Friday, September 26, 2008

Lakeview Terrace

There have been some great “creepy neighbour” thrillers over the years. 'Rear Window' and 'Pacific Heights' were two of the best, but 'Lakeview Terrace' certainly ranks high on the list, largely due to Samuel L. Jackson's performance.

Part of what makes his character so unsettling is his very specific racism. The reason for his loathing of the mixed-race couple that moves in next door is explained late in the movie, but it still doesn't ease our discomfort. Even more disturbing is that, as a police officer, he justifies his actions, however brutal, as being in the service of a greater good.

Lakeview Terrace is a movie designed to make the audience uncomfortable. It forces us to confront issues of race and violence that most of us hope never to have to face. It's not necessarily an enjoyable experience, but it's one that will stay with you. I give it three and a half stars out of five. Your results may vary.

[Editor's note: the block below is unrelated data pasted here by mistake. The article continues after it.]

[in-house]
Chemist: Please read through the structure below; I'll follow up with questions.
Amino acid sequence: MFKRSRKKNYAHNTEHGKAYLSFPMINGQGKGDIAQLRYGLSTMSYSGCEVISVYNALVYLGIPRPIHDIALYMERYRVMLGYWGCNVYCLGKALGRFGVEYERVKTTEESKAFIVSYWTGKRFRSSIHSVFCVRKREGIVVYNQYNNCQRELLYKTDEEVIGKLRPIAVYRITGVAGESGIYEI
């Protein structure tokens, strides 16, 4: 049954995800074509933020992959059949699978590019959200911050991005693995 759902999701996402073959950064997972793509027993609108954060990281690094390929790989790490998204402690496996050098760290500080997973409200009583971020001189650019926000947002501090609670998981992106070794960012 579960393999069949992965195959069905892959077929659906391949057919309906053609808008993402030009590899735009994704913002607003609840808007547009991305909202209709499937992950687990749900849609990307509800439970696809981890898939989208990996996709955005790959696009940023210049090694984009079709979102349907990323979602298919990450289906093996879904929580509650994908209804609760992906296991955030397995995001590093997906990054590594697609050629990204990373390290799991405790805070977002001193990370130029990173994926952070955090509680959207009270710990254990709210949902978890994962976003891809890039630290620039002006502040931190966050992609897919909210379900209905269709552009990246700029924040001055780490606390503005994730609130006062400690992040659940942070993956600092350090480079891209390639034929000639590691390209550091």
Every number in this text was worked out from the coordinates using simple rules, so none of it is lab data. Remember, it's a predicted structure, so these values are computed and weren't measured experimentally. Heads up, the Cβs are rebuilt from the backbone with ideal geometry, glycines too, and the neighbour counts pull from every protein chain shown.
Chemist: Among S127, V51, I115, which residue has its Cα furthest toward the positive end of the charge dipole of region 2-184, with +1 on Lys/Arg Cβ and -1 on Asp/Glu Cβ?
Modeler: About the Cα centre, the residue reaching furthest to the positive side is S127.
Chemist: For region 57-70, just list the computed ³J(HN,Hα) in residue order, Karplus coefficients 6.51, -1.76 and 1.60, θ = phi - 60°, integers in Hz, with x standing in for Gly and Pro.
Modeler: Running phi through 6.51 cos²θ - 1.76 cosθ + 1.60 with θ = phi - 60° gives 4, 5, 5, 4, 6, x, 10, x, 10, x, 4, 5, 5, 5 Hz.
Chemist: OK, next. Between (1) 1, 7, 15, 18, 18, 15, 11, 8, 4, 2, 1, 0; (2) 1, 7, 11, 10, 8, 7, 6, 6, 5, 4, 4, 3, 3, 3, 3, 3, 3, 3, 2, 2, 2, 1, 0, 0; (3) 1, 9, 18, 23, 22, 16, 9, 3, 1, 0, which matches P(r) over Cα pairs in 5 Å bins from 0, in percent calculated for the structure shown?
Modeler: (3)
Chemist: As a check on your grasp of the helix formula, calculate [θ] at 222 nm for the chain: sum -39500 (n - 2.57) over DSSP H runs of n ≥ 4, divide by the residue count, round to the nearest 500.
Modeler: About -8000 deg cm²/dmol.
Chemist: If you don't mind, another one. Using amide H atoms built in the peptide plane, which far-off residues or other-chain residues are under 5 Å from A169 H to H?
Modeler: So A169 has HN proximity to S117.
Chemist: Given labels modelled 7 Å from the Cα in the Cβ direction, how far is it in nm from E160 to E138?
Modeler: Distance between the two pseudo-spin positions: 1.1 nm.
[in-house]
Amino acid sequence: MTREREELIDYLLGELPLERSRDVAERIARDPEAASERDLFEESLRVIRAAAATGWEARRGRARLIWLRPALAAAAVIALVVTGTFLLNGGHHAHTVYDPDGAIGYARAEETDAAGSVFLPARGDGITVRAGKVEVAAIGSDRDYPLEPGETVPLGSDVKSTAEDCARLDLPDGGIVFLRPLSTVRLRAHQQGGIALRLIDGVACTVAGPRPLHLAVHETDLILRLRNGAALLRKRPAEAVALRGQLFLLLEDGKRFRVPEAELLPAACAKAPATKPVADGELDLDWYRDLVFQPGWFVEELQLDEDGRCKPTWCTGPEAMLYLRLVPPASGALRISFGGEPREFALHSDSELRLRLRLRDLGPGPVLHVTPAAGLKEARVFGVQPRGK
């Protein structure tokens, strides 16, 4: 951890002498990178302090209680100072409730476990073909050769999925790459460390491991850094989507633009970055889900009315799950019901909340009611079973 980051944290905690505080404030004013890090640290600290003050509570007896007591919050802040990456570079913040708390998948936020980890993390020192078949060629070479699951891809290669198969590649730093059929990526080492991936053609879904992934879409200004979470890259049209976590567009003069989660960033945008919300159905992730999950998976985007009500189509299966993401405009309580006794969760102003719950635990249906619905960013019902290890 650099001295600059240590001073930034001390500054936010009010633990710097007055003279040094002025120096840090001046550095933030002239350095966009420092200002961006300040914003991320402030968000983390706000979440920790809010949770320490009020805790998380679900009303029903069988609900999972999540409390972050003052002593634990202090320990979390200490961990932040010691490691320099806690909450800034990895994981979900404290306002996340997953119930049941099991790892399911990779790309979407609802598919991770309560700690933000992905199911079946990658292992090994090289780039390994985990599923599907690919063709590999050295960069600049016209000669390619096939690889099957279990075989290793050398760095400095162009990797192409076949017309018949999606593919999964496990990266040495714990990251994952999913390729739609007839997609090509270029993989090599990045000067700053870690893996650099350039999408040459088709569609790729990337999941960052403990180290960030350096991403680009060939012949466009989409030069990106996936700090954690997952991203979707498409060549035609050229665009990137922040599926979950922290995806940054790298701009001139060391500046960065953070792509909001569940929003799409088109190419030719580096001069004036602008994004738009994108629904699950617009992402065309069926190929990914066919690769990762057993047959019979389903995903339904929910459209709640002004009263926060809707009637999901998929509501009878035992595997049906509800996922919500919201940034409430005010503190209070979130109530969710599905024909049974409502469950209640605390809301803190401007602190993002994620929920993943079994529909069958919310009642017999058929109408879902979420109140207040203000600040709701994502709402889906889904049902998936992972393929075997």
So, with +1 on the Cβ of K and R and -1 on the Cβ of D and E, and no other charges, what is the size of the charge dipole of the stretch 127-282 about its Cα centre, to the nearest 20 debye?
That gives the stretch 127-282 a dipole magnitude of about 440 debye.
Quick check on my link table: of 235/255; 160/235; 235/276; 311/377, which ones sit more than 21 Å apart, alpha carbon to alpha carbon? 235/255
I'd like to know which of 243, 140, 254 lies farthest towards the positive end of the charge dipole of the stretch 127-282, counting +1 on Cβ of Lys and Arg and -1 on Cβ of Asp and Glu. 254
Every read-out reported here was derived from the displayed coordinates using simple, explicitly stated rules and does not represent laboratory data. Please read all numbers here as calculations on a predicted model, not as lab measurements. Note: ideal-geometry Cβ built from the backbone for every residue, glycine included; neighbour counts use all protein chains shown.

(and Murray liked it too!)

1 comment:

  1. Sounds good....might try...once this creepy scary thing is over and done with, one way or the other on 14 October

    Way OT Jennifer, but I left the following on the now pretty much long gone dead 'Bubble Boy' thread from a few days ago....


    re: the omg,omg,omg factor.....

    You may, if you haven't seen it already, be interested in what Mr. Akin himself has to say on this very topic (well, almost):

    "We are not, for example, kept informed about all that Harper is doing while travelling with us. He generally has a morning photo opp that is kept a close secret even from the pool photographers who are the only journalists allowed to accompany him.

    We are not getting to put questions to him with the same frequency that we did in the 2006 campaign. On that campaign, every reporter travelling with him got to ask at least one question a day. This time around, his staff is restricting us to 10 questions a day -- eight from the press travelling with him and two for reporters from the region we are travelling in. Because there are more than eight national reporters, we must rotate and, as a result, we get just one question -- no followup -- every other day.

    Some, like a commenter here, urge us to ask followups on certain issues. We would love to but, again, with just one question every two days, it can often be difficult."